> edit: Oh i see the cult of personality is still strong in this one, downvoted in under a minute.

Translated: "If you disagree with me, you're a stooge for the cult of personality."

What an effective way to make your position to be unassailable!


I am an American and I agree with your bad joke assessment. It's rather depressing to see my fellow citizens fall for these jokes over and over again, all the while losing their rights, even their right to privacy.


Agencies have been spying forever. From opening letters to eavesdroping phone calls. I'm not saying it's right, just that the agencies have not become worse with time.

However, I totally agree with you when you're concerned about the diminishing privacy. I think the advance of technology is the key factor for this. Agencies are as ruthless as always and use this new technologies.

Most people are totally fine to tell Google, Apple, Amazon, Facebook, etc. everything about their private lifes in exchange to ... distraction. Think of all the health shit ... they gonna make furtunes selling our data to the pharma and insurrance industry.


For the rest of the Western world, the Obama administration has been the worst thing to happen to a free and open internet in the past two decades.

I see all kinds of American apologists in this thread, but the fact is that regardless of what it inherited, this particular administration has of its own volition pursued an aggressive anti-freedom and anti-privacy agenda both on behalf of its own intelligence agencies, its tech industry and its copyright exploitation industry.

The fact that this president dares to call for a free and open internet disgusts me.


Complaining about downvotes? That's an automatic downvote.


> The Stasi would be proud of the surveillance state that western countries have created with Obama at the helm.

Spoken like someone with little sense of historical perspective. Or understanding of the DDR.



I'm not sure comparing the size of the filing cabinets of the Stasi and the NSA is particularly helpful in understanding the differences between those two organizations.


The only difference is that the Stasi didn't have the tech available to them that the NSA has.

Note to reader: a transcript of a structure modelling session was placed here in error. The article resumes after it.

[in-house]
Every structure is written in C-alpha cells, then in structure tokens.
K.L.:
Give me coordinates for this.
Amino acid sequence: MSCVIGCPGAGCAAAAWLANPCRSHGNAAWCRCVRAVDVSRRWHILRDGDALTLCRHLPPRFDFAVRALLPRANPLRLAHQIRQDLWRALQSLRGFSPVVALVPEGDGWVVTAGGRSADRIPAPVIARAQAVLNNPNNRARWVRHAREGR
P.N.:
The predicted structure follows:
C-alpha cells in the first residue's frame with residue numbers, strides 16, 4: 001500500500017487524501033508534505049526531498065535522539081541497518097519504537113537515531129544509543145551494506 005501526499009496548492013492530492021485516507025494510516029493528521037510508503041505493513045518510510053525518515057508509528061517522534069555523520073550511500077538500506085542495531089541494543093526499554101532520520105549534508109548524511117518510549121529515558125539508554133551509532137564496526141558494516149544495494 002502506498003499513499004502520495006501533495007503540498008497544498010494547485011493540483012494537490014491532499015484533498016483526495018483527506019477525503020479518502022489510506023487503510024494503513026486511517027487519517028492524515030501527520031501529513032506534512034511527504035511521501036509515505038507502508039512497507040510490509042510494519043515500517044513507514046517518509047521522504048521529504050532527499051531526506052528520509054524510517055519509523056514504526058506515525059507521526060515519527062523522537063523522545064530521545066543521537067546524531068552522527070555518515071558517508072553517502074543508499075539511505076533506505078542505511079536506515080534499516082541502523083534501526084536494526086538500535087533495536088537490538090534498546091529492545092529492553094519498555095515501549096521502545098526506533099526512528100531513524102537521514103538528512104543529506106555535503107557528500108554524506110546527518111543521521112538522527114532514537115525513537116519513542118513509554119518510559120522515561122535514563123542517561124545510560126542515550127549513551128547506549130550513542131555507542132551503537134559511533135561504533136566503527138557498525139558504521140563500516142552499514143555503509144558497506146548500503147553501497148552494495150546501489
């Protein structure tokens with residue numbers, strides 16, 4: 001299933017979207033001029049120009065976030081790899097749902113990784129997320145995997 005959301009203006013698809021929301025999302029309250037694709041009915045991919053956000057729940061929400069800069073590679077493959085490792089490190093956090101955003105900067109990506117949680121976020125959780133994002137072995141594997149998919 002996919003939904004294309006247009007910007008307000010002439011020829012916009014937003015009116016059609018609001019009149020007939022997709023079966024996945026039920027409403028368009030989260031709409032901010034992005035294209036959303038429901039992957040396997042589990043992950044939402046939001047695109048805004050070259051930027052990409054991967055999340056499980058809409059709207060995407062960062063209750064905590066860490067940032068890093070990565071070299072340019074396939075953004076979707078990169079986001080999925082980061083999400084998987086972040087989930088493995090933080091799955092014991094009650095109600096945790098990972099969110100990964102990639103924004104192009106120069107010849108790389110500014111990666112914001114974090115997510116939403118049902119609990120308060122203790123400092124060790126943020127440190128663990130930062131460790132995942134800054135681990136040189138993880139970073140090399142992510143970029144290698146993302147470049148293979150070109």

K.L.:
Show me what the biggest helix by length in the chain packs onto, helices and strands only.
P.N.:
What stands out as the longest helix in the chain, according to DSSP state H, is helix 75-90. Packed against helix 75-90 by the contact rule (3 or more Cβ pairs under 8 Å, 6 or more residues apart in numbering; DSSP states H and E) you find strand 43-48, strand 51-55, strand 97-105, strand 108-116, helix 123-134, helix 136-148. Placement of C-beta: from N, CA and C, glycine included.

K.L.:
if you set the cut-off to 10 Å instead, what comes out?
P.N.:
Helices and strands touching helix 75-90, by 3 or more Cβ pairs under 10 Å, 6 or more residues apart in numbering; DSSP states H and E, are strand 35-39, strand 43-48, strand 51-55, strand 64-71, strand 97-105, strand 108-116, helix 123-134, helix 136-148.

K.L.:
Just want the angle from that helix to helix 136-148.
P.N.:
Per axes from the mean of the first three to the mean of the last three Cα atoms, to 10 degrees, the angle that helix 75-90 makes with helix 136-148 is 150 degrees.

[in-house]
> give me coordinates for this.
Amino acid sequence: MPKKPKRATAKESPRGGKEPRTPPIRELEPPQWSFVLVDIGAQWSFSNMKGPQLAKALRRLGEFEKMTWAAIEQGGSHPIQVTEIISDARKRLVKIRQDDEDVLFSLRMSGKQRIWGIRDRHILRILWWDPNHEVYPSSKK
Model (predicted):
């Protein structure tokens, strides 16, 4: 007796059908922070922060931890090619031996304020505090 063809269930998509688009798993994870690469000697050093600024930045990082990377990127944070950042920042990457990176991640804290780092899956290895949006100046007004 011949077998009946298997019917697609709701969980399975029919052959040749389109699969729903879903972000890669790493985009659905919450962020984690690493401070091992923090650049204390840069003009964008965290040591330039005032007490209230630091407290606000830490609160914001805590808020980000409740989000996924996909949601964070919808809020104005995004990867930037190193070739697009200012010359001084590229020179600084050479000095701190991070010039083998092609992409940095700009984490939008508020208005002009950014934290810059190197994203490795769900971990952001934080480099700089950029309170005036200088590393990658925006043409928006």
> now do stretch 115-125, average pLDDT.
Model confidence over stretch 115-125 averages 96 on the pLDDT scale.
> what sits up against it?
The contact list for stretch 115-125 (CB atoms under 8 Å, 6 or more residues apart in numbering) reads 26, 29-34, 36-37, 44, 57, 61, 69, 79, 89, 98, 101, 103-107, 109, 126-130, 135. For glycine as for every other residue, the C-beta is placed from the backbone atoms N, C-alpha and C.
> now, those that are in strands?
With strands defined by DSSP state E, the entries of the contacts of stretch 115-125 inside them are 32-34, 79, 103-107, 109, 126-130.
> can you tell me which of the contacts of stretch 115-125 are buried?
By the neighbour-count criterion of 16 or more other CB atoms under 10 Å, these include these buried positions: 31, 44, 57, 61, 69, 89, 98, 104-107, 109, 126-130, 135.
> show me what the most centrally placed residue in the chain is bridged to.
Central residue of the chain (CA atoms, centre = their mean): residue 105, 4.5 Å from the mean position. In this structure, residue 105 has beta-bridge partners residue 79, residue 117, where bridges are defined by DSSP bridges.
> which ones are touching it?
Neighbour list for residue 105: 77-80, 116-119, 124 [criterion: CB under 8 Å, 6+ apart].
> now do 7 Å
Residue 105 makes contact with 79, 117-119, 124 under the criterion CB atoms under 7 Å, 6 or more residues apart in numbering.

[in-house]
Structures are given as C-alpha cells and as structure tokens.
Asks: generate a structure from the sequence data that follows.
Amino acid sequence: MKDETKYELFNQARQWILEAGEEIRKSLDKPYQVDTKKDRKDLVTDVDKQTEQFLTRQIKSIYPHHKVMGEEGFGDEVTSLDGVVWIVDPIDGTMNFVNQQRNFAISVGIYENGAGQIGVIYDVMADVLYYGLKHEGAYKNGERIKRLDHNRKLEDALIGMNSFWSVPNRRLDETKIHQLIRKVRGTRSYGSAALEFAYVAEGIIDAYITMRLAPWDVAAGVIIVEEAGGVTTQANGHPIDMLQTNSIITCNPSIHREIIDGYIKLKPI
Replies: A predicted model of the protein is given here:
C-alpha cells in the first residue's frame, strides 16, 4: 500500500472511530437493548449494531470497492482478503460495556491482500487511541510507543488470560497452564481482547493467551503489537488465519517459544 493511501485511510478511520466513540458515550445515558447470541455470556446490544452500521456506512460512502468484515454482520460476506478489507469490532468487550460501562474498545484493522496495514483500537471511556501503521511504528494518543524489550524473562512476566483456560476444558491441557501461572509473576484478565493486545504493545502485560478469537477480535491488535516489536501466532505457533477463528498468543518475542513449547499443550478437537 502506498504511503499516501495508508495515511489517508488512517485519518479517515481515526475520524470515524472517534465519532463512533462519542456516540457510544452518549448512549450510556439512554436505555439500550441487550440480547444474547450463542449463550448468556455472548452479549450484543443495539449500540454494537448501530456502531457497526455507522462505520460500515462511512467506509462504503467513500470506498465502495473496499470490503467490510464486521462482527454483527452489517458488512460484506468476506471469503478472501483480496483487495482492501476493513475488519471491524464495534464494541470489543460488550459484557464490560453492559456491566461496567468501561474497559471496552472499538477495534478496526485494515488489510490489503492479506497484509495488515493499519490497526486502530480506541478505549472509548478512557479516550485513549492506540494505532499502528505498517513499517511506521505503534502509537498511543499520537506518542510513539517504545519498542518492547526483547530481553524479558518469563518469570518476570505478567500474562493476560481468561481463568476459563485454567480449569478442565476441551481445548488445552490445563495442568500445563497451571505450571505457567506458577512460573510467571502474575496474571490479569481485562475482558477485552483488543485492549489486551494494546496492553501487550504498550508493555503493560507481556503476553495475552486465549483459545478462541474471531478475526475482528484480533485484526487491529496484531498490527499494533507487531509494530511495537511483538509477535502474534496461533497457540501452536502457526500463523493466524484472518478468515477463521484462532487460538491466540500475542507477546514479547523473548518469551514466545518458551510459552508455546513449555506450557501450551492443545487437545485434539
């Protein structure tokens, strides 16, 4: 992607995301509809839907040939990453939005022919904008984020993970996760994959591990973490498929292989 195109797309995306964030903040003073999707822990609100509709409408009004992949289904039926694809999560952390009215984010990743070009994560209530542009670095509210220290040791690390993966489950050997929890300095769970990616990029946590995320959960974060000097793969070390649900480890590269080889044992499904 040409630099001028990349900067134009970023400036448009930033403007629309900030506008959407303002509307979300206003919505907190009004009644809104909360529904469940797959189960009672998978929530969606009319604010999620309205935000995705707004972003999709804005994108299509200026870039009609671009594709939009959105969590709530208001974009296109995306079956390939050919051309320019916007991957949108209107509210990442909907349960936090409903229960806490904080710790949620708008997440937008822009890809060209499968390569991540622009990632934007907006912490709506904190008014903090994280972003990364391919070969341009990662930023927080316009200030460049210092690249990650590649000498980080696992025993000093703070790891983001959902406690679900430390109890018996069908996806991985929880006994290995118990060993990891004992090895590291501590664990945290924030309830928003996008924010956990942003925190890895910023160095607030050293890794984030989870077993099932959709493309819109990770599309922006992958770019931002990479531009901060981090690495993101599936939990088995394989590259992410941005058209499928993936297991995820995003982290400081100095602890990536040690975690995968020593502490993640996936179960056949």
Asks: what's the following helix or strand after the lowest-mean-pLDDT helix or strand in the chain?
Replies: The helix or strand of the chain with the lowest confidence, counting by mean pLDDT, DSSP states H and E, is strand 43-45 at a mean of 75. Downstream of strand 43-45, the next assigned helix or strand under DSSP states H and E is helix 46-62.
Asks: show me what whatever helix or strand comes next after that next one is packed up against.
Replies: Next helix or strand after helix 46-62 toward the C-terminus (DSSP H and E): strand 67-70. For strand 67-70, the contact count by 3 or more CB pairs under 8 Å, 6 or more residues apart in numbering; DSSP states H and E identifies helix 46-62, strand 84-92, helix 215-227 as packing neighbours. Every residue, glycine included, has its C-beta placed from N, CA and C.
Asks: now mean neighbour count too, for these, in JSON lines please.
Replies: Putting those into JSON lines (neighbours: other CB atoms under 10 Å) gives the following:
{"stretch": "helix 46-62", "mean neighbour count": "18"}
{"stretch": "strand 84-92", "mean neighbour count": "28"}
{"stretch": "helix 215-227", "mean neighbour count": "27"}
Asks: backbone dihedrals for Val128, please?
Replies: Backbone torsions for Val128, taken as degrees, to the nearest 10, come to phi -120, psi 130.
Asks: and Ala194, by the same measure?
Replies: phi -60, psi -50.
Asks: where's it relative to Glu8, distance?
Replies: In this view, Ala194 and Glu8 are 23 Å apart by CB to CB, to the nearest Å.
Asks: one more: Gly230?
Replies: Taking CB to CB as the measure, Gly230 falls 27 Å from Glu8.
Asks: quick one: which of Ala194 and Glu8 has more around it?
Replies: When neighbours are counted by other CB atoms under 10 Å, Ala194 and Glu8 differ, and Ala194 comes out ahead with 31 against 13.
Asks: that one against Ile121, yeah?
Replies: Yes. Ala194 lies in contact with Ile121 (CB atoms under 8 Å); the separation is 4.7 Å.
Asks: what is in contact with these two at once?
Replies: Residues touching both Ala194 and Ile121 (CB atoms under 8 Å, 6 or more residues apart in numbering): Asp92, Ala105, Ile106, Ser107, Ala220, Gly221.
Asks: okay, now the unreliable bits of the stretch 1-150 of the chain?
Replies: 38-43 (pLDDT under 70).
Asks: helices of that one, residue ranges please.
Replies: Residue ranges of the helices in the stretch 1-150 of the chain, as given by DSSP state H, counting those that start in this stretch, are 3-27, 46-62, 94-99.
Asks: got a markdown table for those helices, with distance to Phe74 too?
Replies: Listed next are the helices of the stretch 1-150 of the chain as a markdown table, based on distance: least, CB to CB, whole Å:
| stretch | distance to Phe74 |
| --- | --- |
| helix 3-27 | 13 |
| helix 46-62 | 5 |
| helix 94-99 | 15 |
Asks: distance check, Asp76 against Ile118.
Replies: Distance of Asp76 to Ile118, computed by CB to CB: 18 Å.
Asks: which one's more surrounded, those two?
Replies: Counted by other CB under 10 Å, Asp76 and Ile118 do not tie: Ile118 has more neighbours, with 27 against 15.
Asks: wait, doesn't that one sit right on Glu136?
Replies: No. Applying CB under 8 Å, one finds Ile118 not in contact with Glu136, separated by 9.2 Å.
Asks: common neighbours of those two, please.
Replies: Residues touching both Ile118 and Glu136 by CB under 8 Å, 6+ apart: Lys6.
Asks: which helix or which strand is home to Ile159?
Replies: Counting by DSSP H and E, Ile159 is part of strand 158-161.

I know we're not historicans here, but I'm German, so I am quite sensitive when it comes to the Stasi: Please be aware of the thousands of people who have been killed, tortured, inprisoned and repressed by the Stasi in the DDR. The Stasi took the freedom of a whole nation. They destroyed so many lives. You can compare the spying techniques but not the wrongdoing (not saying the NSA is free of any wrongdoing). It's another dimension, better, several dimensions.


You do know that the US has the largest prison population in the world...

It outdoes the DDR by a factor of two with regard to those they imprison, as well the DDR stopped executing anyone in 1987, as of last year the US still executes minors.


Well, plus the culture of informing on your fellow citizens at large scale (10-20% of German citizens were active informers...)

... or the German citizens killed by the Stasi...

Do you really think the only difference between the Stasi and the NSA is the technology available?


Absolutely. The mindsets of spy masters never changes, no matter the era or country.


Then how do you explain how the Stasi kidnapped and killed lots of German citizens, while the NSA has yet to do the like?

I can understand if you're saying you fear the NSA's power grab because of similarities with the Stasi. I have trouble believing that you think there is literally no difference between the Stasi and the current NSA, given their body of work has significant differences.


The NSA spies on far more people than the Stasi could have ever hoped to. The NSA is just the intel branch of a government that has killed and imprisoned more people than the East German government did.

Arguing about the niceties of barbaric practices is fruitless anyway, but we can argue about the size of the weapons wielded by the barbarians.


I'm in agreement that the NSA shares certain characteristics with the Stasi - spying on its own populace is one of them. I also get it if you don't differentiate between citizen/non-citizen in terms of targeting. Heck, I'm with you in regards to (most of) what I believe to be your position.

However, your tone and word choice, along with the hyperbole of your statements, serve to weaken your point.

The Stasi created a culture of fear in the populace of the nation they were supposed to protect. They used the citizenry against itself; fathers doubting children, wives were suspicious of neighbors.

German citizens and residents found sufficiently undesirable were imprisoned or executed by the Stasi.

While the US has committed some terrible acts abroad in the name of anti-terrorism, I still contend there is a significant difference between the current NSA and the Stasi.